What does ‘full-service’ mean?

This morning I was party to an interesting discussion – in a company’s identity materials and website, what does ‘full-service’ imply? Is it a term that’s just used way too often and without a lot of thought? Is it valuable, or just trite?

One of the people at the meeting was of the opinion that the term ‘full-service’ has been used so often that it’s often meaningless. That is, people say it but don’t necessarily do it.

In terms of techie fields, like web development and IT, saying that you’re full-service could mean many different things. Some at the table agreed that it’s better to get to the point – don’t offer a dry laundry list of everything you do (because that’s not really possible or advisable) but do boil down the most important functions you provide in a well-thought-out shortlist.

If you just say ‘full-service’ you’re putting the burden of understanding what exactly that might entail in your company’s case on the client. You’re making assumptions about what they know about your field.

On the other hand, I’m thinking something just the opposite. That if you do provide a shortlist of the services you offer – and you’re a geek and your clients are most often not – you’re not really throwing the ball in their court. If they don’t understand a word you’ve written, are they inclined to seek out your company, or are they inclined to think that you’re soaring above them with tech-speak already and go elsewhere?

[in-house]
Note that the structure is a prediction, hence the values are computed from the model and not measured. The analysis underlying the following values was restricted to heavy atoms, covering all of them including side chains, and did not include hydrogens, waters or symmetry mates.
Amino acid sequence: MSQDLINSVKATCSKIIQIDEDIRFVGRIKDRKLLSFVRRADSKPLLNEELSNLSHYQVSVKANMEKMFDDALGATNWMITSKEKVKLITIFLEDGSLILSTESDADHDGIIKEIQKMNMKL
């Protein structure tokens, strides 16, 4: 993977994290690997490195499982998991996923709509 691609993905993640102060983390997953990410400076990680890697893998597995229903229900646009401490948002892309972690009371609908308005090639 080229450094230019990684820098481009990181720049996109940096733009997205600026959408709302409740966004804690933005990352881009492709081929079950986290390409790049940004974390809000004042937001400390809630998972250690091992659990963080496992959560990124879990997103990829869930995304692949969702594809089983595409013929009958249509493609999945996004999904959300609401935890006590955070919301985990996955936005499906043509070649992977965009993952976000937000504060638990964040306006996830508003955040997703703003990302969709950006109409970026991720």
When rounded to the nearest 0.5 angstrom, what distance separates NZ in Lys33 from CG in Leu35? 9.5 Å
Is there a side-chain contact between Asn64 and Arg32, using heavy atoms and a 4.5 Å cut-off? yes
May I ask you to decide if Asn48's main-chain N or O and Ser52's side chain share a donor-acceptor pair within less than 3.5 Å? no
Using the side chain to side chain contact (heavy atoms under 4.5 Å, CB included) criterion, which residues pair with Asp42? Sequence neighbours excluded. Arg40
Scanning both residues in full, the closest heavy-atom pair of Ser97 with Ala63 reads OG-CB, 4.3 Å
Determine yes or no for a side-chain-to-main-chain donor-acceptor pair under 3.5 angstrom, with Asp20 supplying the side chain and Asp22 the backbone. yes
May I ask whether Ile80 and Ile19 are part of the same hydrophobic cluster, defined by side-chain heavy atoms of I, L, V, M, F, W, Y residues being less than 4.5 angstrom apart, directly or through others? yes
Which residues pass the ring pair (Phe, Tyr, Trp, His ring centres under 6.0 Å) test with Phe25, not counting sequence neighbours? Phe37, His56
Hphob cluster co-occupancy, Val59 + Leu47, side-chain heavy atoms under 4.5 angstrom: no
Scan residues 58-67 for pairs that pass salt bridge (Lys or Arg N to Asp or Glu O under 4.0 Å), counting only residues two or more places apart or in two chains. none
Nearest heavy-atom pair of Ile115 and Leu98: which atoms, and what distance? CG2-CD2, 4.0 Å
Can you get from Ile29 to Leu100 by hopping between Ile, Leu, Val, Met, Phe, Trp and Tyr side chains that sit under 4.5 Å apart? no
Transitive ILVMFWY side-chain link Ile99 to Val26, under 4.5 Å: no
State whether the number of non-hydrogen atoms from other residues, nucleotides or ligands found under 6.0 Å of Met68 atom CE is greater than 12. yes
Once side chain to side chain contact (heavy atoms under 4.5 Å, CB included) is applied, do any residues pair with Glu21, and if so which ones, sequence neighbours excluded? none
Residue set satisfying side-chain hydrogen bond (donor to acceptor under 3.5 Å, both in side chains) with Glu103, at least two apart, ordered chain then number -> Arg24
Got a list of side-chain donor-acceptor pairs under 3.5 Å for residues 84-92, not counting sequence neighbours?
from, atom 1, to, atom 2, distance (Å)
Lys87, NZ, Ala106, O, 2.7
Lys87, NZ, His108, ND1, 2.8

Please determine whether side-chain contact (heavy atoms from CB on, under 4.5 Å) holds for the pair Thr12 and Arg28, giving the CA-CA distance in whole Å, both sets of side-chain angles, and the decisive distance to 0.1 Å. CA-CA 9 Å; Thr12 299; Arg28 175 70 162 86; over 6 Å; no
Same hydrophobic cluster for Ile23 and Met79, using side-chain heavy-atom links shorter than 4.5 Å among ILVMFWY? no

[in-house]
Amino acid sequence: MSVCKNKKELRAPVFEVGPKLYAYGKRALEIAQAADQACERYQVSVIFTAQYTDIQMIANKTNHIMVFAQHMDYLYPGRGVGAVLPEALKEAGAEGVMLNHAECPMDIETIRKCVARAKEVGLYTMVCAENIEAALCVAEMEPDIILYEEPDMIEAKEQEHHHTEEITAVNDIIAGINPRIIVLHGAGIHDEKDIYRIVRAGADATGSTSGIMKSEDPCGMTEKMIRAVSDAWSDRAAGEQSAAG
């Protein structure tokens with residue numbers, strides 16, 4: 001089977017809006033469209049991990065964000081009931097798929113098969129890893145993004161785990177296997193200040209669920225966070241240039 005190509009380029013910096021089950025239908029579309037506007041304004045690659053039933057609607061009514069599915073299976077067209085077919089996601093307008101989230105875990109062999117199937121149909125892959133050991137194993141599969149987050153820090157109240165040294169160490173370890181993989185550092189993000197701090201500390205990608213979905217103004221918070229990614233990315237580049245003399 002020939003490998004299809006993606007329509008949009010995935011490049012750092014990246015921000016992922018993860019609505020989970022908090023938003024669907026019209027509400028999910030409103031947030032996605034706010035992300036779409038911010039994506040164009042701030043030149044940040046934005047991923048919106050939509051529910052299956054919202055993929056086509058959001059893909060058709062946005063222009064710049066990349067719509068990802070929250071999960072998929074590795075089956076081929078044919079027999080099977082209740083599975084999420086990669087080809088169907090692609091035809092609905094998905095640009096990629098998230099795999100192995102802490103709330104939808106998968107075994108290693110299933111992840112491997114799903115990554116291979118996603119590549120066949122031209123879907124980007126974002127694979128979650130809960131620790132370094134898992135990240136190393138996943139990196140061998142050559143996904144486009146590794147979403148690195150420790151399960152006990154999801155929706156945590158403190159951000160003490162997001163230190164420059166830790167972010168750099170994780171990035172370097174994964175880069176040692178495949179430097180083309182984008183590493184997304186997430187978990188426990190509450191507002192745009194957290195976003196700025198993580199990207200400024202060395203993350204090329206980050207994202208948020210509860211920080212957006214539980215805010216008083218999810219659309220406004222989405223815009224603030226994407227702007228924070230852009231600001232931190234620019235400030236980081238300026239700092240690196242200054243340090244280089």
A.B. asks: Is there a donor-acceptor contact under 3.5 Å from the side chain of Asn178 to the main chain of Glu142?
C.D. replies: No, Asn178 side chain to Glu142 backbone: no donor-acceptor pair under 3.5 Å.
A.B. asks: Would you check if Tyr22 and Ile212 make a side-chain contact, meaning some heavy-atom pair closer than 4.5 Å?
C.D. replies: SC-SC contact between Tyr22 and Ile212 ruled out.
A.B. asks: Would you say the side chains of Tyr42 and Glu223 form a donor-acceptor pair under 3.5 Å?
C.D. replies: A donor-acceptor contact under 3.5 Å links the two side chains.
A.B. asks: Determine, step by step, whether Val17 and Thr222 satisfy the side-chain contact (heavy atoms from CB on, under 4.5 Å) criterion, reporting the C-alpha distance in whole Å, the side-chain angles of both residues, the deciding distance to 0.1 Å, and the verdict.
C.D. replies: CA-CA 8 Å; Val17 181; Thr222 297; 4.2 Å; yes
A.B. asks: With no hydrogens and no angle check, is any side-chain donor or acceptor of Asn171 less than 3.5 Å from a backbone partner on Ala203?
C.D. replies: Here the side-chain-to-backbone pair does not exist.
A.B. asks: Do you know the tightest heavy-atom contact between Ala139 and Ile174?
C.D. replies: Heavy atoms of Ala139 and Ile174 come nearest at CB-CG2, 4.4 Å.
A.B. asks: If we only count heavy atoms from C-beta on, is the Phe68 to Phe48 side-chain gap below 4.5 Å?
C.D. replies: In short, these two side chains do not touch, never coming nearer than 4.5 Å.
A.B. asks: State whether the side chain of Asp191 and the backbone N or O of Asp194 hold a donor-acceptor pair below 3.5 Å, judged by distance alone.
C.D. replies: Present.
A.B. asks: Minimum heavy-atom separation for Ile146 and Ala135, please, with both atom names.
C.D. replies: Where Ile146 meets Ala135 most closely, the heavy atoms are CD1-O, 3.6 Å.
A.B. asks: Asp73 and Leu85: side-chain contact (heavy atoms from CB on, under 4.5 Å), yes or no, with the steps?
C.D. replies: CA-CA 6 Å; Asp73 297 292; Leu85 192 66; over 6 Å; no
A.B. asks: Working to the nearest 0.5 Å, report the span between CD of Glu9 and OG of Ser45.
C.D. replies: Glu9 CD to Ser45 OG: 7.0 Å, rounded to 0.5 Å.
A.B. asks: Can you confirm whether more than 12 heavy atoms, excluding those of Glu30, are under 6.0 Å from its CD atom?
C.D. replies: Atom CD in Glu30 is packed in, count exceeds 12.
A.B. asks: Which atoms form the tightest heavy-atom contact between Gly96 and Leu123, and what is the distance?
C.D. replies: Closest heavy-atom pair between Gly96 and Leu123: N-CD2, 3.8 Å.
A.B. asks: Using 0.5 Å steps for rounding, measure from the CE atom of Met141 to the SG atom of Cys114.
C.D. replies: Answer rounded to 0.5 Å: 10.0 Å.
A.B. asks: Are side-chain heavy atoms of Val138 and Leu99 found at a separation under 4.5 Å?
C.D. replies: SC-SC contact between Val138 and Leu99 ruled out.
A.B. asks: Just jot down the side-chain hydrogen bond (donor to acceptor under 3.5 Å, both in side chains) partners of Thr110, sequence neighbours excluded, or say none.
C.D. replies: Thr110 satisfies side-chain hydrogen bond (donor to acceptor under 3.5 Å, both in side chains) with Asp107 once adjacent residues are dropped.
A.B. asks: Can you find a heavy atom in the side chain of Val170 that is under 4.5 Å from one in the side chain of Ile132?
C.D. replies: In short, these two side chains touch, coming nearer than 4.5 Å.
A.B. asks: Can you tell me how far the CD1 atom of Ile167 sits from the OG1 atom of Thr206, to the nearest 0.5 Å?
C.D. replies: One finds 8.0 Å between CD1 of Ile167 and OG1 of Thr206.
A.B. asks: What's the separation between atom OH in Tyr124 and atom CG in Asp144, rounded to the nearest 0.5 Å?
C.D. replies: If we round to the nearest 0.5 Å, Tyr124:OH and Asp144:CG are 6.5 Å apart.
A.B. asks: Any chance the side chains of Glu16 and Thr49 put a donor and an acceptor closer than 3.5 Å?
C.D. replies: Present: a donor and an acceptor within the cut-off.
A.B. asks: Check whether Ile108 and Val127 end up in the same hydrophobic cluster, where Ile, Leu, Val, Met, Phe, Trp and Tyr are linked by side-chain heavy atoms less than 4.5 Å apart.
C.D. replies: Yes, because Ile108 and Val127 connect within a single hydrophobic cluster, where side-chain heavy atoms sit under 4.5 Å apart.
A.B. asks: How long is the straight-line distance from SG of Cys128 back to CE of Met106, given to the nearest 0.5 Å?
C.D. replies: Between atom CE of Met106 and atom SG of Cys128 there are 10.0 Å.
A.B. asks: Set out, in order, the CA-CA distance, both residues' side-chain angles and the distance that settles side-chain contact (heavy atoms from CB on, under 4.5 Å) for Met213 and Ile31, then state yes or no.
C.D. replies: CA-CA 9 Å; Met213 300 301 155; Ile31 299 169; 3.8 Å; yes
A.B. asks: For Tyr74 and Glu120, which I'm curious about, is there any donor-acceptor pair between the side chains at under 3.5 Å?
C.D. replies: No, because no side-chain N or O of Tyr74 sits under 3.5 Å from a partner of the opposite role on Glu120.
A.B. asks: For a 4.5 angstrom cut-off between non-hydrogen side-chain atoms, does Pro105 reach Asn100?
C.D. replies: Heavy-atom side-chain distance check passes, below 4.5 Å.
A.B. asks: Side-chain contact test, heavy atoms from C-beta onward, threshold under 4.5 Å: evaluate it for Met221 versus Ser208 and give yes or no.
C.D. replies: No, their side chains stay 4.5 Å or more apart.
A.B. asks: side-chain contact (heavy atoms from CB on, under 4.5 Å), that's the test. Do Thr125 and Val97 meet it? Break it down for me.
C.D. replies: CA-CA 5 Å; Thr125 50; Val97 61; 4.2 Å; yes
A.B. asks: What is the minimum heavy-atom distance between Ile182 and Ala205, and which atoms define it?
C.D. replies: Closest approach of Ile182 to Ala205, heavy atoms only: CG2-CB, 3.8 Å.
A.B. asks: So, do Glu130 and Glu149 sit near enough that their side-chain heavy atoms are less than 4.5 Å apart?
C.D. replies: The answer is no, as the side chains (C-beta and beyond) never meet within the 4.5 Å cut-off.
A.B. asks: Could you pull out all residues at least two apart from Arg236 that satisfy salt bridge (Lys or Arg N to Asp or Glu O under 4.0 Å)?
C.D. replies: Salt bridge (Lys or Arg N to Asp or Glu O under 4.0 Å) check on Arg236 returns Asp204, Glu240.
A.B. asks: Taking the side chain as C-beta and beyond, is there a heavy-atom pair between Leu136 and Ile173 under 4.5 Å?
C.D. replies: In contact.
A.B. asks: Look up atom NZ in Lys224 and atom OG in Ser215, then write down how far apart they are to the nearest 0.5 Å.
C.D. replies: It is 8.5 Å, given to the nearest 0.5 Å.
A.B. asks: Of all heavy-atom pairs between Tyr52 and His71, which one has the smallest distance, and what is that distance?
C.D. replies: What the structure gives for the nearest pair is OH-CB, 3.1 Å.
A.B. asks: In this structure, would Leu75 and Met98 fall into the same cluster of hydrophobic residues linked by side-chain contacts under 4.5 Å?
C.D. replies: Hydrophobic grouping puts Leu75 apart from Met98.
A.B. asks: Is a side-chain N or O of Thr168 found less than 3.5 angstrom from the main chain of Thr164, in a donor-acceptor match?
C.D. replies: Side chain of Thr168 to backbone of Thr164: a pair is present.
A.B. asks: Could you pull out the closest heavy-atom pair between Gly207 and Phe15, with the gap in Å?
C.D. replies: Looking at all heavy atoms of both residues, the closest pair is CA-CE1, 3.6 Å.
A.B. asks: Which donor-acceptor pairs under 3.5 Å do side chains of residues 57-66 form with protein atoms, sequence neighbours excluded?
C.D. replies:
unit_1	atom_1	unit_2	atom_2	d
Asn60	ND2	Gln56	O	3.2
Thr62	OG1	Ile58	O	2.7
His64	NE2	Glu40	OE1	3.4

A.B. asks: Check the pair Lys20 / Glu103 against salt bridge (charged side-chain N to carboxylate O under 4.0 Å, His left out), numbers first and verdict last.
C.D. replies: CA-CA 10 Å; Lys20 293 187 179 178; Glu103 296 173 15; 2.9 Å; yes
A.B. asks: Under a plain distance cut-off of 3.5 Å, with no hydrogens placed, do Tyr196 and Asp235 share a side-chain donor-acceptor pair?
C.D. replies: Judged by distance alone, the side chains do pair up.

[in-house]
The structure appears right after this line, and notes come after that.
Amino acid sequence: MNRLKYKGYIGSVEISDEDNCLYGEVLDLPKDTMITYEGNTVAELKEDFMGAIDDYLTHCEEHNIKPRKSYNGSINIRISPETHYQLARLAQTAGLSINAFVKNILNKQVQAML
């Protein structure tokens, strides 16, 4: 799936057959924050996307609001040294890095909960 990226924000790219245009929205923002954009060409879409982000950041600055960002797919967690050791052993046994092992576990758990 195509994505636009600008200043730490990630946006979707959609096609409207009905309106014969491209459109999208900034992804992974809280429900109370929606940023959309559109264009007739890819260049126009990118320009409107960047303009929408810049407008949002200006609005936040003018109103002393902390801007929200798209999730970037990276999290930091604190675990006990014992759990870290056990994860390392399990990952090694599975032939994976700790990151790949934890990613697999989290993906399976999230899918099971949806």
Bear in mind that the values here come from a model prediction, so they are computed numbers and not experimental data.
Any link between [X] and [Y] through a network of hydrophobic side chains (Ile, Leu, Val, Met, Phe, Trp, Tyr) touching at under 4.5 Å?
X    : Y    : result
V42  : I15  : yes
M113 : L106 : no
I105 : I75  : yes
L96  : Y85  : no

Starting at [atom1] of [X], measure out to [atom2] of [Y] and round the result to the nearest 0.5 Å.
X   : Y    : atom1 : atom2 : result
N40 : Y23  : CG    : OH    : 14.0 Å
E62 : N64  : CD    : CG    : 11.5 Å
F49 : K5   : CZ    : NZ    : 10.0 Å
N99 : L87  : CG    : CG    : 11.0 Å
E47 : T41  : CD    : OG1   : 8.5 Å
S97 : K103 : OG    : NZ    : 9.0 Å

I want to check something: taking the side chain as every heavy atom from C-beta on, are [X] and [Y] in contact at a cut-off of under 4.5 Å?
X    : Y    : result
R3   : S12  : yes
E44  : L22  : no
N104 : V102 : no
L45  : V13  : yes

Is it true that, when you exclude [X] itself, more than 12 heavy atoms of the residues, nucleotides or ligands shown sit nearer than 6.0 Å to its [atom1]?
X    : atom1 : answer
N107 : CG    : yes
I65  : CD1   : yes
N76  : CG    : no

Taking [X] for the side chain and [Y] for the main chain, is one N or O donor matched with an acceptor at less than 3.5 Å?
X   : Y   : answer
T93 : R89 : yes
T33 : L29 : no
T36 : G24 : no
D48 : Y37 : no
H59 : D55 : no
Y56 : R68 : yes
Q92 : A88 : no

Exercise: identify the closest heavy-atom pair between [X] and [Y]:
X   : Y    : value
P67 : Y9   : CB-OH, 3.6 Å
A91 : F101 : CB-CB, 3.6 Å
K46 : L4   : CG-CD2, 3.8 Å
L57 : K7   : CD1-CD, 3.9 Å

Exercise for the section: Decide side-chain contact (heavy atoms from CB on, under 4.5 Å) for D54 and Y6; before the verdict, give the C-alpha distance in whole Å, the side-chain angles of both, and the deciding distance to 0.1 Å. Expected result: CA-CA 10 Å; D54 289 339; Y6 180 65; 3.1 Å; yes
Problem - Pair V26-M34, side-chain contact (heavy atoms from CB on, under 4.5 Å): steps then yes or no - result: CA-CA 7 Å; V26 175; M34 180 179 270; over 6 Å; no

I think for fields that people often find intimidating, like IT and web work, saying ‘I’m a full-service company’ implies that you can handle whatever a client needs. This may not always be the case so I think you have to really think about it before you slap a ‘full-service’ label on your brochure, but if I were a client that knew nothing about websites and how they worked and what they were good for, I’d be more inclined to go with a developer who said they were full-service rather than one that listed all of their skills one by one.

It seems to be a fine line between turning people off and offering far more than you reasonably can achieve (unless of course you’re a real company and not a freelancer!). Perhaps a short synopsis of the top three or four ways you help clients, rather than a list of the services you offer or simply saying ‘I’m full-service,’ might be the better way to go.

The reason this interested me is that I’m relaunching my website this week, and on my announcement postcard I of course had the term ‘full-service.’ I rethought that today and instead made it a sentence stating a few key points about what I offer. I’m not opposed to styling myself as full-service by any means, but this seemed more focused and I want to appear focused as I start this rebranding process.

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